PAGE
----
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Charlene Smith | Why Winnie has earned empathy, not judgement

Winnie Madikizela-Mandela.
Winnie Madikizela-Mandela.
Image: Tshepo Kekana

I am so appalled by some white trash know-nothing comments about Winnie Madikizela-Mandela, that I need to weigh in.

If Madiba could forgive and honour her, and then not punish white South Africans for what we put her and others like her through, how dare you judge her?

Winnie Mandela, when I first met her in 1976, was the most beautiful woman I'd ever seen, tall, imperious, with a gorgeous deep voice and a low sexy laugh.

I interviewed her after she had to stop work for a cobbler, because security police harassment was so intense, business to the store fell off. It had been this way for 13 years, ever since the jailing of her husband, Nelson Mandela in 1963.

Now that she has died, the clichés about her life are rolling in thick and fast. How eager we are to forget, and in refusing to remember, we perpetuate the harm she experienced in life.

The Truth and Reconciliation Commission hearings in 1998 found she played a role in the murders of Stompie Seipei, 13, Lolo Sono and others. In 1992, she was charged with ordering the death of Dr Abu-Baker Asvat.

A decade later she was charged and convicted on multiple counts of fraud and theft, but never served jail time. And yet she deserves our empathy - and I will tell you why.

In the 1970s she was a source of inspiration to many young people, some of whom flocked to her home after the 1976 uprising. Some went into exile, others remained and, coached by her, became leaders of the United Democratic Front.

Winnie was banished to a dusty village, Brandfort, hundreds of kilometres from her Soweto home, and that, and an incident in 1969, broke her.

In 1969, the security branch came to her Soweto home at 3am. She was alone with her daughters, aged 10 and nine. Winnie asked to fetch her sister one street up so the girls would not be alone. The police refused, she was taken and her children left alone. She spent 18 months in solitary confinement, naked, not allowed to wash, and not allowed out for exercises. She did not know what had become of her girls.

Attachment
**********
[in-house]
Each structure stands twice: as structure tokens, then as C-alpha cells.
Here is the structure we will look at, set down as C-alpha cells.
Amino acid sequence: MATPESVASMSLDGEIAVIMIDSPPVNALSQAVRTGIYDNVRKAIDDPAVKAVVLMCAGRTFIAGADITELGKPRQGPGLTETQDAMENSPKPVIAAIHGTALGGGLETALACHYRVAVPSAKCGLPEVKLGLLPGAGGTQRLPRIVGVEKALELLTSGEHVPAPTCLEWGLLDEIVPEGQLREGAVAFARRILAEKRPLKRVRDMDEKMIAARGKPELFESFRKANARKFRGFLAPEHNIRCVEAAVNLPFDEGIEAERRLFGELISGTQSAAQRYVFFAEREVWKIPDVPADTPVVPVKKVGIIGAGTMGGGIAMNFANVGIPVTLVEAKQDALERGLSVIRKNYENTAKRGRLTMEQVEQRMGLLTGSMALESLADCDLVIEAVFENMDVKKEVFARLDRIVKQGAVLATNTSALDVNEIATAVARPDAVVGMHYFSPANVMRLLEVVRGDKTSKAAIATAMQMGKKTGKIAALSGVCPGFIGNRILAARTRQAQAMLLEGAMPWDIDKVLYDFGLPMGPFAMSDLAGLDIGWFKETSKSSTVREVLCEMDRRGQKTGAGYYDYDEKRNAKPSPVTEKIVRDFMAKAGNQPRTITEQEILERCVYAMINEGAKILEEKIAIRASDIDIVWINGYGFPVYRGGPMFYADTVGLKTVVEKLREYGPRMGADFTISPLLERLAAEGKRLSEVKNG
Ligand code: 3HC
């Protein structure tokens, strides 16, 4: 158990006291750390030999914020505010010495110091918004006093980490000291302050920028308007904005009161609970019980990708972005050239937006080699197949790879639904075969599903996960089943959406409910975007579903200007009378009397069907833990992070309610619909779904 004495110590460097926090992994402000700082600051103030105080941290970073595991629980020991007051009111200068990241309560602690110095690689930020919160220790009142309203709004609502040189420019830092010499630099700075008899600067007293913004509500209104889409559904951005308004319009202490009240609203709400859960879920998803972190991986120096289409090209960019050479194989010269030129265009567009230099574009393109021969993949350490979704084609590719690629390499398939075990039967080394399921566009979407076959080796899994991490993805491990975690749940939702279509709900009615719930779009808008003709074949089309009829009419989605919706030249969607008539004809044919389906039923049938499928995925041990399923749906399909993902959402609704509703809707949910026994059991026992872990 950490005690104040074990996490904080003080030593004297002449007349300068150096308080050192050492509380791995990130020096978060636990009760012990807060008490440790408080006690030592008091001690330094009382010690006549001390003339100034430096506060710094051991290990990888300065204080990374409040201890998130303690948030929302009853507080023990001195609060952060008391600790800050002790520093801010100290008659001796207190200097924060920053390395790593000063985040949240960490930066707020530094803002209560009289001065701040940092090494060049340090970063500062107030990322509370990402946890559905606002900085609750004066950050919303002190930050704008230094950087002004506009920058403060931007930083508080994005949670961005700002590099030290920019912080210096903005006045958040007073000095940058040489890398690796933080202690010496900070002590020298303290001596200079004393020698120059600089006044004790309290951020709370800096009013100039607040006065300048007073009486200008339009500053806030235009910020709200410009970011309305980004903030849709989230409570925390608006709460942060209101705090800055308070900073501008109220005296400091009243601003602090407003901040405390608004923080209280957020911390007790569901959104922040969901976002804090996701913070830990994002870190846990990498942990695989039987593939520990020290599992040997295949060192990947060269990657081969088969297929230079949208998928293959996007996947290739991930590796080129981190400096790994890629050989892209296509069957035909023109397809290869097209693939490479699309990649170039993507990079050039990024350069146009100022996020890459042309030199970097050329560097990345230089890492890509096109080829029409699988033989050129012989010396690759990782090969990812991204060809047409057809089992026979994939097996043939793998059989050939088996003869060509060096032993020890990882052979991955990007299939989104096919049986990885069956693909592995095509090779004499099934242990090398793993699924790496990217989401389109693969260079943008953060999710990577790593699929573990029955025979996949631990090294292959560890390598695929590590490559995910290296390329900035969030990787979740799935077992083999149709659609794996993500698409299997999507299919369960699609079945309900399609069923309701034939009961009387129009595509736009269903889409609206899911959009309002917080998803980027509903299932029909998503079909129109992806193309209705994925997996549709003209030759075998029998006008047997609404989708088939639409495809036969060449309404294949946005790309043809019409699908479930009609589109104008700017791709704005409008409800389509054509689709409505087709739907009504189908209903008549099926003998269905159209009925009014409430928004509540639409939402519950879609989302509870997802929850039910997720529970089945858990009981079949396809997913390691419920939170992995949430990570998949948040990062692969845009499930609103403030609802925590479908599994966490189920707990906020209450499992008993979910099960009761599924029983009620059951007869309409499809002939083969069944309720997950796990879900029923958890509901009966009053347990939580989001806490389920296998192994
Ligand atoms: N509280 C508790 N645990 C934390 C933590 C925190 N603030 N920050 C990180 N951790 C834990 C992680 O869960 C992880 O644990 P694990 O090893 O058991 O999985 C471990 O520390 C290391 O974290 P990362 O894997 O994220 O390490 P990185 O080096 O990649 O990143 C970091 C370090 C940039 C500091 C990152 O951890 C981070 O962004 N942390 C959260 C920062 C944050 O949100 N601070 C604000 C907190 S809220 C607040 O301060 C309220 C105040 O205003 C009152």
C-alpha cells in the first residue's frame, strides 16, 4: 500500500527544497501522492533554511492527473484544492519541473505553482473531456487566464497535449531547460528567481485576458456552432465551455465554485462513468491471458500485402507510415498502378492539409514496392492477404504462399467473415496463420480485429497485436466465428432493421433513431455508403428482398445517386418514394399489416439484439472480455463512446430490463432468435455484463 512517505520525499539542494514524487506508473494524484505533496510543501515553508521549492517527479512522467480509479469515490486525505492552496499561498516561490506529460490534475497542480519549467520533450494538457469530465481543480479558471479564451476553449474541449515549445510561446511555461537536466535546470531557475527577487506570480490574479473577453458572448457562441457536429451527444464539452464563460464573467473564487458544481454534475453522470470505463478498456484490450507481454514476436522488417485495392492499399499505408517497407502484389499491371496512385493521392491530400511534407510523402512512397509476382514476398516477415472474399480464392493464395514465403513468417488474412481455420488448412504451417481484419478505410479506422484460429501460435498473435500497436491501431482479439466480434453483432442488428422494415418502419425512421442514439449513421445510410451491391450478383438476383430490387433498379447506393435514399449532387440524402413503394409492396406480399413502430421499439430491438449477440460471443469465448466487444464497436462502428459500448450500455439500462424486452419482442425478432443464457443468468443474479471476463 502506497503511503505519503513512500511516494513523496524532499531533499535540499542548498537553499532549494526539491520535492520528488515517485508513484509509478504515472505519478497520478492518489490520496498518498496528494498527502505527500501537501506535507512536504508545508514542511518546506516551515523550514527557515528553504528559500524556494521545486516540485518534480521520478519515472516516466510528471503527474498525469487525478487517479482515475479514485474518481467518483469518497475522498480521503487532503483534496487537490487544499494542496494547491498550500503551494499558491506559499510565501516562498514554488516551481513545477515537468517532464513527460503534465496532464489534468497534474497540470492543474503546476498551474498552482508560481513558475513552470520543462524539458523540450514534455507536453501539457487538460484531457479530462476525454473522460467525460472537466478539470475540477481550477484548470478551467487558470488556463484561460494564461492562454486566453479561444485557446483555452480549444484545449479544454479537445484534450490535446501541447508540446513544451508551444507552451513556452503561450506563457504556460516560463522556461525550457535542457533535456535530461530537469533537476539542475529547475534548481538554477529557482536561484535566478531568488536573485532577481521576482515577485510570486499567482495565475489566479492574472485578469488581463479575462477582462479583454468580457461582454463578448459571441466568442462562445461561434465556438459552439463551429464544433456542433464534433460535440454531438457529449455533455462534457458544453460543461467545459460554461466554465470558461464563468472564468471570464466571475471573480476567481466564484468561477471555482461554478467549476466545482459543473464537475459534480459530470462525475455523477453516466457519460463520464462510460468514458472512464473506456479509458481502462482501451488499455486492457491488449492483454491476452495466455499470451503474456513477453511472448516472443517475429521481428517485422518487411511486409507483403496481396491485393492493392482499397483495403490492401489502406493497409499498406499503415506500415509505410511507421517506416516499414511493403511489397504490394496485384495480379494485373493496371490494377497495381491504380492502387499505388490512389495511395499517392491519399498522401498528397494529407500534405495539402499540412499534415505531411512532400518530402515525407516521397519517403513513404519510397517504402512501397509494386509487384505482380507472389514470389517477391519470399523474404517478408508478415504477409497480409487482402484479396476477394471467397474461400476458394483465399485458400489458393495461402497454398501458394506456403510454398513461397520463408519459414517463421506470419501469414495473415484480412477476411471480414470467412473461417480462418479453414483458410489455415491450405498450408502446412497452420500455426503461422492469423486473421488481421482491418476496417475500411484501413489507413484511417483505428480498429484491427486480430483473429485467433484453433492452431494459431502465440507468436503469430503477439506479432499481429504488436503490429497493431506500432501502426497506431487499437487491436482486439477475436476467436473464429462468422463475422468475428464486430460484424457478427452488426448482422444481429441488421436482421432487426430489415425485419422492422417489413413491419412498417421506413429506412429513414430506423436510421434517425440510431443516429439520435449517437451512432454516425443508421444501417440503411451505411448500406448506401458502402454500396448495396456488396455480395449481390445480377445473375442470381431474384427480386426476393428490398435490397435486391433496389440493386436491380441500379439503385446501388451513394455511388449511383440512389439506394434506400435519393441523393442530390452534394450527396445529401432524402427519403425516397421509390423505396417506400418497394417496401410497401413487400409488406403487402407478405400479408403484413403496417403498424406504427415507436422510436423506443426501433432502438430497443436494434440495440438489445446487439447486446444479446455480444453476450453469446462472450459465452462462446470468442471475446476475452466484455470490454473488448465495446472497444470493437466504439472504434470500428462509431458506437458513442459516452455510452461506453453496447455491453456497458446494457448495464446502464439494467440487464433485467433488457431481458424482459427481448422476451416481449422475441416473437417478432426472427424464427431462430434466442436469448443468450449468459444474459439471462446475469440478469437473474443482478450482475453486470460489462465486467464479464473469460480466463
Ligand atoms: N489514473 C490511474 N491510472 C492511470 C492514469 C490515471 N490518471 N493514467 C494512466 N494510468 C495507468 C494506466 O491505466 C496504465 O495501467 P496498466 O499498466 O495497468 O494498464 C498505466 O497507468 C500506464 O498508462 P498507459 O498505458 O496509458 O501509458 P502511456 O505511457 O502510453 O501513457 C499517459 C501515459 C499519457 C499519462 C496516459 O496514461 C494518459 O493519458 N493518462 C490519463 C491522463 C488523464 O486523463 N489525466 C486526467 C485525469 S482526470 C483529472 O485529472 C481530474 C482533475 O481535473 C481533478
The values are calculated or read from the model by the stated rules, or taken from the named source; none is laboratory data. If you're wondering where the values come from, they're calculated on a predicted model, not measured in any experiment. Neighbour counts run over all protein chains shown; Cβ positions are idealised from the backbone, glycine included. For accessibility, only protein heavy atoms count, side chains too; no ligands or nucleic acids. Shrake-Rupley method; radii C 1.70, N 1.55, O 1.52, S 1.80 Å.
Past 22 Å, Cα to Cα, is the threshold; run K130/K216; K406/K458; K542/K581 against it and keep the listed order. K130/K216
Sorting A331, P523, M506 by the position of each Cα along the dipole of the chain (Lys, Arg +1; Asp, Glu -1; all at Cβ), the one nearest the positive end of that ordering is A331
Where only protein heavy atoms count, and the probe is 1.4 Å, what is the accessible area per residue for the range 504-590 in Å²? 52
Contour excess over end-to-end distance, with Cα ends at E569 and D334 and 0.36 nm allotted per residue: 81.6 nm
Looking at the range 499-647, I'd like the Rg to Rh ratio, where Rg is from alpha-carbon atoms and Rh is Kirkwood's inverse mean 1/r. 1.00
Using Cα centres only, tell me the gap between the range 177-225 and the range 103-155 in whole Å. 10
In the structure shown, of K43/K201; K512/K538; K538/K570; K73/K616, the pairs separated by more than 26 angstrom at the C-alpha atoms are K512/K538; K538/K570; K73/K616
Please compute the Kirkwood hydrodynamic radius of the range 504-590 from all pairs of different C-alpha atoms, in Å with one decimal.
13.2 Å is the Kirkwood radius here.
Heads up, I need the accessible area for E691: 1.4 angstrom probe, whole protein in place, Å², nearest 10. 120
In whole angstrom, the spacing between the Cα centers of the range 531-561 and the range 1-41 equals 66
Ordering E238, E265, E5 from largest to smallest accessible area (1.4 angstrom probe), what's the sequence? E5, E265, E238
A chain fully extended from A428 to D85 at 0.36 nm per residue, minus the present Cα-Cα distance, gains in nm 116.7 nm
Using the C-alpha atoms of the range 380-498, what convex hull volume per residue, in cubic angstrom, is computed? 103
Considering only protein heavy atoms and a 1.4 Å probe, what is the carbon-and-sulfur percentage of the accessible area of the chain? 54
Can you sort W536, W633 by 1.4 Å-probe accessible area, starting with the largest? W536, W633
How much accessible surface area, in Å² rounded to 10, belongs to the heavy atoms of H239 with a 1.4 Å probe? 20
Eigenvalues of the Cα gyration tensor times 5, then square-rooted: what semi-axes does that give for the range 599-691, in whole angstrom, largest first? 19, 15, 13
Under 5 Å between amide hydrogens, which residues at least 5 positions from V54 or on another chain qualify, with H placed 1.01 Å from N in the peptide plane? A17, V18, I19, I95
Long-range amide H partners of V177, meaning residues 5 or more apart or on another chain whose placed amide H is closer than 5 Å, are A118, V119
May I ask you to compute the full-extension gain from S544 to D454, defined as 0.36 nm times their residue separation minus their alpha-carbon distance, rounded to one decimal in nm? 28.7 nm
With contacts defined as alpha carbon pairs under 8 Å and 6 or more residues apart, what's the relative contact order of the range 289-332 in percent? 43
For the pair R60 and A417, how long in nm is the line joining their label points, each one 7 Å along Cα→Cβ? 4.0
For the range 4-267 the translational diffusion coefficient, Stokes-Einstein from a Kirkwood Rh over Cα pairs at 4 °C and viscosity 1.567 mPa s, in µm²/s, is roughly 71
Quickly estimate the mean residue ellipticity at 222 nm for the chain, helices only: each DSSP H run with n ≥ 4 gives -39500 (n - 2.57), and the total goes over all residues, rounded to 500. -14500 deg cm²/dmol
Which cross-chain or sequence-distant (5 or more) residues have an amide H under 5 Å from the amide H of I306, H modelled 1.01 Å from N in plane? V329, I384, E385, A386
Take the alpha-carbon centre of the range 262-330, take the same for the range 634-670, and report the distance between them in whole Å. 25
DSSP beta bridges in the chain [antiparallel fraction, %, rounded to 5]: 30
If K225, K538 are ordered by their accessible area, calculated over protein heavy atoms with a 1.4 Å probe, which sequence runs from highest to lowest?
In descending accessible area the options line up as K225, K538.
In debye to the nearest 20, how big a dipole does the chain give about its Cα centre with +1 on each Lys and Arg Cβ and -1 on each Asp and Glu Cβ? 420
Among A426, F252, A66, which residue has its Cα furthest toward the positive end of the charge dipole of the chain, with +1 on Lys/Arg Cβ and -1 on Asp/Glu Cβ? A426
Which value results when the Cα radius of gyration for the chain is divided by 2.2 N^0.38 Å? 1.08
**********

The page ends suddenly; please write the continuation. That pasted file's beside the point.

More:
She was not allowed sanitary towels when she had periods, nor water or cloths to clean, and so the blood caked on her. She made friends with cockroaches.

I've been in the cell at the Old Fort that she was held in. It is narrow with high, thick walls and is oppressively dark when the door is closed, as it was for 18 months.

I believe she experienced profound post-traumatic stress. It was never treated. Instead, she was expelled to Brandfort. Winnie was isolated and lonely and it was here that the drinking and drug-taking began, and affairs with younger men.

The conservative black folk of Brandfort township grew to loathe her.

When she went back to Johannesburg, in defiance of her banning order, Madiba was already in secret communications with the apartheid government.

She formed the Mandela United Football Club and it became an instrument of torture and murder of young men wrongly accused of being spies. At the TRC hearings where its activities were recounted, Archbishop Desmond Tutu, who knew her for a long time, put his head on the table and cried.

Mandela wrote, "I have often wondered whether any kind of commitment can ever be sufficient excuse for abandoning a young and inexperienced woman in a pitiless desert."

And so, when he came out of jail in 1990, it was with his hand in hers, even though a few Sundays before his release her explicit love letters to a young lawyer were released. On the night of his return to Soweto, she left the house in the early hours of the morning with the lawyer in full view of the world's media.

Zwelakhe Sisulu, who accompanied them to the US not long after, said she would yell at Madiba in hotel rooms.

Winnie was unrepentant, she ran up huge bills on Mandela's tab, was convicted on multiple counts of theft and fraud, and became an embarrassment.

Lots of false pieties will be said about her now. The truth is that once there was a beautiful, proud woman who studied social work with an older woman, Albertina Sisulu. Through her she met a handsome, brilliant lawyer called Nelson Mandela. They fell in love. He divorced his first wife to marry her. They had two children. Their marriage was passionate. He adored her. I don't believe he ever loved anyone as much. However, their life was never normal because of his political activities, which she embraced.

Even in her death, people do not realise how she suffered, how damaged she became and how it hurt her and those who cared for her most.

It is in remembering and healing a wounded people that we honour the legacy of Winnie Madikizela-Mandela.

Sleep with the angels, Nomzamo.

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